Why did women’s rush into the work force stop? Policymakers have been vexed by the question for years. Social scientists have discussed the sudden stop for over a decade, in conferences and academic papers. Almost 12 years ago, I gave the topic a shot in the pages of The Times: why, after a five-decade rise, did the labor-force participation of women in the prime working years stall around the turn of the century?
After years of sometimes scorching debates, over whether highly educated women were “opting out”; whether the stop was merely temporary; and whether it responded to gender roles at home or labor-market conditions, the analysis seems to have converged on a sort of rough consensus: caring for children — overwhelmingly a woman’s task — ultimately took its toll.
Caring for children is, to be sure, a formidable barrier to women’s work. In developed countries where parental leave is guaranteed by law and governments ensure free child care, women work at a much higher rate than in the United States.
Still, the consensus is incomplete. It misses perhaps the most significant impediment to women’s continued engagement in the labor market, one that is getting tougher with each passing year: aging. Focused laserlike on child care, we haven’t noticed that the United States is walking into an elder-care crisis.
Today almost 15 percent of the American population has reached the official retirement age, according to figures from the United Nations. That is about two percentage points higher than at its previous peak in 1995, just a few years before the labor supply of women in the prime working years — 25 to 54 years old — reached a plateau. It means that for every four Americans of working age, there is one of retirement age, the World Bank says.
Lots of these older Americans — 14 million, according to Paul Osterman of the Massachusetts Institute of Technology’s Sloan School of Management — can’t live independently and care for themselves.
The burden of care weighs predominantly on their wives and the daughters. About a quarter of women 45 to 64 years old and one in seven of those 35 to 44 are caring for an older relative, according to the American Time Use Survey.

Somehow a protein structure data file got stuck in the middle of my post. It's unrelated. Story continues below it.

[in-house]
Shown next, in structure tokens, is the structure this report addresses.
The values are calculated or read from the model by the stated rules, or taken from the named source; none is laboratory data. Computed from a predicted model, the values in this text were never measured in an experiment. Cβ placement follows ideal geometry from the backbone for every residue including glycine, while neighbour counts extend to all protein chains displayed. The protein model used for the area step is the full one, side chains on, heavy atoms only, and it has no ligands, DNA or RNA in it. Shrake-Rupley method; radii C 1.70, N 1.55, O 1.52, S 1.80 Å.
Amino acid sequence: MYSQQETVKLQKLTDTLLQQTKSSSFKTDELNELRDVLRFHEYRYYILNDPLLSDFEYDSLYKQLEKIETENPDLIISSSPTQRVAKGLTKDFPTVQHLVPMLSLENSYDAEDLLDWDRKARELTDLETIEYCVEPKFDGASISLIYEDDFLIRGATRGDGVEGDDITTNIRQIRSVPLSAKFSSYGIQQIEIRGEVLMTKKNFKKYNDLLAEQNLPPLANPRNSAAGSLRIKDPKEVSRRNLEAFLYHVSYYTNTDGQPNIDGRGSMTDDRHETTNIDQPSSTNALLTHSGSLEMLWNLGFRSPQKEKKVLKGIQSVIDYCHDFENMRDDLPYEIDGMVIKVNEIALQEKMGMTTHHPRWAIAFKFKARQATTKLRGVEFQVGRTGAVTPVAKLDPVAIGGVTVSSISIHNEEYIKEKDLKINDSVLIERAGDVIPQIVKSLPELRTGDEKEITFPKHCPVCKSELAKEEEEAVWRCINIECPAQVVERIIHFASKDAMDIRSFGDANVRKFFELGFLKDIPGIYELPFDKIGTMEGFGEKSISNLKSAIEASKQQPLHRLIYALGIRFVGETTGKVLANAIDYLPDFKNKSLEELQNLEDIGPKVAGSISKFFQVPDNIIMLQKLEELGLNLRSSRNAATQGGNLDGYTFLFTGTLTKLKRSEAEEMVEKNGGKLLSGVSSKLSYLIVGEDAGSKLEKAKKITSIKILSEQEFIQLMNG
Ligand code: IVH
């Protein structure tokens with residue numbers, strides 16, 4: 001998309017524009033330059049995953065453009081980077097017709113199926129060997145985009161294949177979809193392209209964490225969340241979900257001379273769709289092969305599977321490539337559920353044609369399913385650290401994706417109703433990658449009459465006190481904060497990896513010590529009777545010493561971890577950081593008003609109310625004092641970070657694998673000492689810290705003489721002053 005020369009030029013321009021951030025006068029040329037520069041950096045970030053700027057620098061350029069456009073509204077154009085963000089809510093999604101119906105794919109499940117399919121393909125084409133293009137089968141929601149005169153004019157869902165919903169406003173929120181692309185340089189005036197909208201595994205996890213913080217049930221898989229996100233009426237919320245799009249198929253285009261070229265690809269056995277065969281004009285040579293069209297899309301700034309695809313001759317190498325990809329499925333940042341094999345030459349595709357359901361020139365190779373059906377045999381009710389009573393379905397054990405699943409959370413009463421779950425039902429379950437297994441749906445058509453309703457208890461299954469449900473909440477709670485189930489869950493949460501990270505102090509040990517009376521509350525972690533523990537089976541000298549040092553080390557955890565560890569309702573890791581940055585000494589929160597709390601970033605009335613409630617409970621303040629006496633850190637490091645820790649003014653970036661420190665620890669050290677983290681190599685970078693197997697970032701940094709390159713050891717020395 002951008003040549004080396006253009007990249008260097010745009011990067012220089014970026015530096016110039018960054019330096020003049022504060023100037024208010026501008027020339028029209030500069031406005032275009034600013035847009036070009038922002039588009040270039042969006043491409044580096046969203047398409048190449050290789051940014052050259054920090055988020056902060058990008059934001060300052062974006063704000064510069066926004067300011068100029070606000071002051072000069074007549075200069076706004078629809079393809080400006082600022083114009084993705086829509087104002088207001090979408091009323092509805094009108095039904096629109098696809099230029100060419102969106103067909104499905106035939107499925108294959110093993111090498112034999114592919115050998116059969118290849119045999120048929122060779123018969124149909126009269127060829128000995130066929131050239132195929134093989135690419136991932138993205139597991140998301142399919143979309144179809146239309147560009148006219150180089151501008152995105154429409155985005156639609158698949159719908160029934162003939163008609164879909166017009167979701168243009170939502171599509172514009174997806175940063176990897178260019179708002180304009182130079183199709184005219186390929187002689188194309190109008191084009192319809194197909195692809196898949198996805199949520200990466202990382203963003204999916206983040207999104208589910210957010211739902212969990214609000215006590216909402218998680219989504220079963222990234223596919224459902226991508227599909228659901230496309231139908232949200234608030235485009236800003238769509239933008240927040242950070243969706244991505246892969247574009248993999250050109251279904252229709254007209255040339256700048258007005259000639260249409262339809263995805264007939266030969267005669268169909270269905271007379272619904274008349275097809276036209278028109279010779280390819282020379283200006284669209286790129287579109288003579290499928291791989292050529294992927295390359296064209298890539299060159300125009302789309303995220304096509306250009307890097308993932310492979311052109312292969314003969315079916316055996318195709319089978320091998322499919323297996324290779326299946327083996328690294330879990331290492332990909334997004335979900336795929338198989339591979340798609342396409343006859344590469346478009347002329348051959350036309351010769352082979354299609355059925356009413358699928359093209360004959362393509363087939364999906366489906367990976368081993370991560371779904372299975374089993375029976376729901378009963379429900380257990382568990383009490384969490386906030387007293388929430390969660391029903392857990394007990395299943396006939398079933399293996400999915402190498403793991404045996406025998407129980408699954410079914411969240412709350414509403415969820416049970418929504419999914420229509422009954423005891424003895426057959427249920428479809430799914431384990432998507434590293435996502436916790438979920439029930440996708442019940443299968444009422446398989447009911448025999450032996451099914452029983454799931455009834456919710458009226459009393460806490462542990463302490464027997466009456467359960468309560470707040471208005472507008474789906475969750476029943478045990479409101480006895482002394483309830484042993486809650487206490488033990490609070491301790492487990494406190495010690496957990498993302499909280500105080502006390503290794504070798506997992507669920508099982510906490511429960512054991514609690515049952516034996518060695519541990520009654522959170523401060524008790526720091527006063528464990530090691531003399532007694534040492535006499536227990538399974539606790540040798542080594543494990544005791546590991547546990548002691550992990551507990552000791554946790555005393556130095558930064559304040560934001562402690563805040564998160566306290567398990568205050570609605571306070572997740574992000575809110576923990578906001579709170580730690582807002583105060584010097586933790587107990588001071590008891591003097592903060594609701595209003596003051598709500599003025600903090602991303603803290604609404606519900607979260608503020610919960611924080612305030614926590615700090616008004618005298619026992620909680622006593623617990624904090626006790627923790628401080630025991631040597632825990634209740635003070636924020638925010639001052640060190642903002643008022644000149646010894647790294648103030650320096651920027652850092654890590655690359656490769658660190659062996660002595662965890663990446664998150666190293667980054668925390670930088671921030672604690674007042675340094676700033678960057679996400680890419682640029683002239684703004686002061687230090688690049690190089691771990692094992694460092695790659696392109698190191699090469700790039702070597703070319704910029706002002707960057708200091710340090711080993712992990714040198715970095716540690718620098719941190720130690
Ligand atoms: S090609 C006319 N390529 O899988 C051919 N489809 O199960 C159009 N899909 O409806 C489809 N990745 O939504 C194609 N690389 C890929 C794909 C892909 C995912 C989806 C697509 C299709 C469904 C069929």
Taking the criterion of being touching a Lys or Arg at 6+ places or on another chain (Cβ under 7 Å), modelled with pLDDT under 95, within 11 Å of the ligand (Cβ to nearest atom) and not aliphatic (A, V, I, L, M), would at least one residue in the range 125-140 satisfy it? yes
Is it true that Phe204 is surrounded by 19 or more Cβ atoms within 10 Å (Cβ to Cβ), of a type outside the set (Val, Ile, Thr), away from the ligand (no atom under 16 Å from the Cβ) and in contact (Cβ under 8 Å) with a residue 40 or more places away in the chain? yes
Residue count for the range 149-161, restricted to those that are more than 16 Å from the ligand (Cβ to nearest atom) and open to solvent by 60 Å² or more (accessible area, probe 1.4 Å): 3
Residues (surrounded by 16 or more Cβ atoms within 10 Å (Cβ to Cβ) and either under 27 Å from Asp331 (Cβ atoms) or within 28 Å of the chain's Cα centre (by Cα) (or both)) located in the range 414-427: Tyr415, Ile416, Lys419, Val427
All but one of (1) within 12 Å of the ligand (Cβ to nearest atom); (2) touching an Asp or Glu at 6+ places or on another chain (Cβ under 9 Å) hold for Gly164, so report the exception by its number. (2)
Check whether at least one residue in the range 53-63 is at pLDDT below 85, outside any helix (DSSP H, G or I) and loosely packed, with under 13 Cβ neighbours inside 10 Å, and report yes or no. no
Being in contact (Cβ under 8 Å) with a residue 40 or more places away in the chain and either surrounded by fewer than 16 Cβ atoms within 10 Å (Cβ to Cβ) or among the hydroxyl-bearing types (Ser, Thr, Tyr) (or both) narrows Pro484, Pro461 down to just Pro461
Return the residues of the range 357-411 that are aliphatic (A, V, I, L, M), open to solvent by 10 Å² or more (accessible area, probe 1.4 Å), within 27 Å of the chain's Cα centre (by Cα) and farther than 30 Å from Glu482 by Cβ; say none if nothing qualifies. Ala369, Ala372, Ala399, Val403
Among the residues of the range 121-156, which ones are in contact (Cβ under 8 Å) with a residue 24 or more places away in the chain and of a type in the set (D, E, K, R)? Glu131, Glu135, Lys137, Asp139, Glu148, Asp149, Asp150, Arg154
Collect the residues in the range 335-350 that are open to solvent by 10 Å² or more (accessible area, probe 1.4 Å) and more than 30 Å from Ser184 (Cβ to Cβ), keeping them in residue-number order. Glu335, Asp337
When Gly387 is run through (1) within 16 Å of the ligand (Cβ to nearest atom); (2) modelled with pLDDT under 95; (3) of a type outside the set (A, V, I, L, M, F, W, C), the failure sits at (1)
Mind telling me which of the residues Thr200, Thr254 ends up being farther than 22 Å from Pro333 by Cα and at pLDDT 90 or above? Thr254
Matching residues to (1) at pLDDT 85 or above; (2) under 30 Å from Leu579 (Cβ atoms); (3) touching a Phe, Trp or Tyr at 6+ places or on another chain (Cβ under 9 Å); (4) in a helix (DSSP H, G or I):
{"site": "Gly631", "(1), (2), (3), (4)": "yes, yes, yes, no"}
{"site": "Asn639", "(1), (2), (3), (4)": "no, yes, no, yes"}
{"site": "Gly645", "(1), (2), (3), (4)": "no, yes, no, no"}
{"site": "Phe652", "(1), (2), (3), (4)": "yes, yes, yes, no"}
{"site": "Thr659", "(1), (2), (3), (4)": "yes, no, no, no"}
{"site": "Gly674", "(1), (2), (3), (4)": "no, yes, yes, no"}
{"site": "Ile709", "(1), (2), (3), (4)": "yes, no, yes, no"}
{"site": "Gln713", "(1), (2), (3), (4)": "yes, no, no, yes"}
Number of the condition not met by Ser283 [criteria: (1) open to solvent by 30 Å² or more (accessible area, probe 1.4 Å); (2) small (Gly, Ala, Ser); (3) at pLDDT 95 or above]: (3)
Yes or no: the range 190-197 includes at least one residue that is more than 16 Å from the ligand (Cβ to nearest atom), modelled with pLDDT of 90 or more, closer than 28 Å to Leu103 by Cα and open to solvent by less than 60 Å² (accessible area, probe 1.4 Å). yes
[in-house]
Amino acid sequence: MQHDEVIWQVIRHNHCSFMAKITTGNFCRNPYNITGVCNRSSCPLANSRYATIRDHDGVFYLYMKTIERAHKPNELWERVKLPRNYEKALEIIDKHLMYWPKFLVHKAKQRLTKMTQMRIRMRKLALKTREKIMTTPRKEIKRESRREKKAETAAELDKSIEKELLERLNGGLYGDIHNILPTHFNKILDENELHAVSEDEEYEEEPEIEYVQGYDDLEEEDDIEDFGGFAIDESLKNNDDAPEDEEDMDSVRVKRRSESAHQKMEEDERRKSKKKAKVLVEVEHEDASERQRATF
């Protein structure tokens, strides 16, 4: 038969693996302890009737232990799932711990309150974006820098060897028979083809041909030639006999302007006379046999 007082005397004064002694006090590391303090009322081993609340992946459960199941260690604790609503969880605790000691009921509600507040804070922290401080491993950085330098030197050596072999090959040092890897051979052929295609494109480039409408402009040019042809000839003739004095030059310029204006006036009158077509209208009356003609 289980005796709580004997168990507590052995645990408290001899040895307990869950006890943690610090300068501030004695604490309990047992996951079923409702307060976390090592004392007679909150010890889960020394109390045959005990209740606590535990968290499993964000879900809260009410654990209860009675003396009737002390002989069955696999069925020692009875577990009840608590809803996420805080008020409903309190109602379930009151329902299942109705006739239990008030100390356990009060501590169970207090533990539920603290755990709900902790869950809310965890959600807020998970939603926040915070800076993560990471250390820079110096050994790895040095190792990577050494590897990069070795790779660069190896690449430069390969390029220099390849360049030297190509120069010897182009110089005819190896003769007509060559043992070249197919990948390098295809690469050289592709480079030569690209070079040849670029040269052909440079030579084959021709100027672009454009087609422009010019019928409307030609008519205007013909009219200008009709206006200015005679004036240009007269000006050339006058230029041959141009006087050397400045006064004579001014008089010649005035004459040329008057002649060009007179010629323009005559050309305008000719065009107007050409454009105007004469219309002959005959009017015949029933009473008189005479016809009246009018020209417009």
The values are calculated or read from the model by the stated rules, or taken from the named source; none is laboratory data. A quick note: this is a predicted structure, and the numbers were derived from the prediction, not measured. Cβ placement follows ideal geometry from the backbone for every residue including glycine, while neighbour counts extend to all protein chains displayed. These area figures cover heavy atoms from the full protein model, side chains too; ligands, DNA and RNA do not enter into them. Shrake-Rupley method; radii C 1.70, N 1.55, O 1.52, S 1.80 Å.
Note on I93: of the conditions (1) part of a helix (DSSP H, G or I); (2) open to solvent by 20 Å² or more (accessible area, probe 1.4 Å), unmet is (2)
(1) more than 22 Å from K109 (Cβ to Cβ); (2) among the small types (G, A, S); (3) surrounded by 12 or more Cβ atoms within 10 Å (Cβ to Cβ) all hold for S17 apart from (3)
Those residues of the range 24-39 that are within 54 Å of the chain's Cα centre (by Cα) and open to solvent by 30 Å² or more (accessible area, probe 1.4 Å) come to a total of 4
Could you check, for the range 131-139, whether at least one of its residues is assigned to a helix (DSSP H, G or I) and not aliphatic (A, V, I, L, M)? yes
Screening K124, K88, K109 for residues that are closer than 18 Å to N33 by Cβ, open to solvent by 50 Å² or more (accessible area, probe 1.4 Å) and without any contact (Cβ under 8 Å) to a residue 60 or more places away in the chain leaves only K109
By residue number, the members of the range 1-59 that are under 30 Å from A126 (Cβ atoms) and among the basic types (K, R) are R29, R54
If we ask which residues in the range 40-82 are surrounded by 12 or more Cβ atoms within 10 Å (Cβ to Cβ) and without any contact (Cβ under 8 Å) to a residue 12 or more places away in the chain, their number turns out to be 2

It takes a toll. Ten percent of caregivers have to cut back on their hours at work; 6 percent leave their jobs entirely, according to a report last year by the National Association of Insurance Commissioners.
A 2015 survey by the insurer Genworth Financial found that caregivers spend about 20 hours a week providing care — about half what a full-time worker would spend at work. Almost four in five said they had missed work, and about one in 10 lost a job. One in six reported losing around one-third of income because of caring responsibilities.
Sean Fahle of the State University of New York at Buffalo and Kathleen McGarry of the University of California, Los Angeles, tracked women in their early 50s to their early 60s for 20 years. Those who provided care, they found, were 8 percent less likely to work. Those at work cut their hours and had lower wage growth. Over time, Professor McGarry told me, caregivers risked lower incomes and a higher risk of poverty in old age.
The Burden of Care
After rising for half a century, the labor force participation rate among prime-age women began to decline in the early 2000s — around the time the elderly share of the population began to rise sharply. Part of the explanation for women’s declining share of the work force may be that women have generally had to assume most of the responsibility for caregiving to the elderly.
The stress is getting no lighter. By 2030, more than one in five Americans will have reached retirement age. That will call for a lot of caregiving. One study found that retired members of the baby boom generation will need, on average, three years of long-term care. One in five will need more than five years of care.